Decoder Improved Burp Suite plugin release part two


In the previous blog post, we walked through the primary benefits of using Decoder Improved over the Burp Suite’s built-in decoder. This blog post will focus on adding new functionality to Decoder Improved by walking through implementing new trivial text modifiers and modes. At the end of this blog post, the reader will have a solid understanding of how Decoder Improved modifies text and how one can add their own text modifiers.

Extending Decoder Improved

Decoder Improved has an easy-to-use object-oriented interface for adding new UI modes and extending existing ones (e.g. encode, decode, hash). The basic process involves creating a new class that inherits from either ModificationMode, if creating a new mode, or ByteModifier, if creating a new data modifier for an existing mode. In either case, one implements the modifyBytes method to update data passed through the source pane. After creating the new class, it should be registered directly by modifying the respective container class implementation. For example, if extending an existing mode, an instance of the new class should be added to the respective ArrayList (e.g. encoders for EncodeMode). If adding a new mode, an instance of the new class should be passed in an additional call to the addMode method within the ModificationModeManager constructor.

Extending Existing Modes

Let’s go through a contrived example for developing a new encoder that returns "bar" if the input is "foo" or throws an exception for all other input.

    package trust.nccgroup.decoderimproved;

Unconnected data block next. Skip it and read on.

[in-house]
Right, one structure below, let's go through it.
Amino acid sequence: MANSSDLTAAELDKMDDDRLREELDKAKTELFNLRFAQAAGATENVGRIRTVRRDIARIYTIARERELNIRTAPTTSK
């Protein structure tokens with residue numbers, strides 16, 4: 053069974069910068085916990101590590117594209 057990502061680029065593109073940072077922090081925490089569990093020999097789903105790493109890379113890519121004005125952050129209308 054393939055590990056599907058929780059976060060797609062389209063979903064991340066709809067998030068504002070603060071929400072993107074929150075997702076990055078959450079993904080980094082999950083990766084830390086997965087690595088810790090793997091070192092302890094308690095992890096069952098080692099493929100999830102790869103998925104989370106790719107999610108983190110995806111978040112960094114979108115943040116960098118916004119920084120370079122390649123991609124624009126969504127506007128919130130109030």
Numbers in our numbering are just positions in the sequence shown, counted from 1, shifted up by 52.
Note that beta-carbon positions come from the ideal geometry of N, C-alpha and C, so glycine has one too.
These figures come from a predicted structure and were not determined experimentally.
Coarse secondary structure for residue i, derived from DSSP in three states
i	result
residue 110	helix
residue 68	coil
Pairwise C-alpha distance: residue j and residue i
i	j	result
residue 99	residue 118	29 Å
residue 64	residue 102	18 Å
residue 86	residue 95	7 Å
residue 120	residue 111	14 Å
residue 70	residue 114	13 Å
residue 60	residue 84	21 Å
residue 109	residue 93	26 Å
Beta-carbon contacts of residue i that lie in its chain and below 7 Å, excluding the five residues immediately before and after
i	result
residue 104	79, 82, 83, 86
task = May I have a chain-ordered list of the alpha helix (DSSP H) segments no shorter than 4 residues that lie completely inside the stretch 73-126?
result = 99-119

public class FooBarEncoder extends ByteModifier {
        public FooBarEncoder() {

        // If the input = 'foo', return 'bar', otherwise throw a ModificationException
        public byte[] modifyBytes(byte[] input) throws  ModificationException{
            // All input strings are UTF-8
            if (new String(input).equals("foo")) {
                return "bar".getBytes();
            } else {
                throw new ModificationException("Invalid Input, Input is not foo");

As shown above, implementing a new encoder is straightforward. First, we created a new FooBarEncoder extending the parent class ByteModifier. Within the constructor definition, we call super, passing "FooBar" as the sole argument to set the combo box display name. Then, we implemented the modifyBytes method, which throws a ModificationException and returns a byte[]. A ModificationException should only be thrown if the input fails to pass any data-specific validation checks. Afterwards, we finish implementing the method body by converting the input byte[] into a String, comparing the String against "foo", and returning a "byte[]" containing “bar” if the comparison is correct or throwing an exception otherwise.

    public EncodeMode() {
        // "super" contains the name that will appear in the mode selection combobox
        super("Encode as...");

        // All encoders are managed within this arraylist, new encoders must be added here to appear
        encoders = new ArrayList<>();
        encoders.add(new PlaintextEncoder());
        encoders.add(new URLEncoder());
        encoders.add(new URLSpecialCharEncoder());
        encoders.add(new HTMLEncoder());
        encoders.add(new HTMLSpecialCharEncoder());
        encoders.add(new Base64Encoder());
        encoders.add(new ASCIIHexEncoder());
        encoders.add(new GZIPEncoder());
        encoders.add(new FooBarEncoder());

To add the FooBarEncoder to the Encoders combo box, a new FooBarEncoder should be added to the encoders ArrayList.

Adding New Modes

Creating new modes is slightly more involved than extending existing modes, as modes must manage their own swing components; however, the rest of the process is similarly simple. Let’s go through another contrived example where we develop a new mode that replaces the input with data from a text box.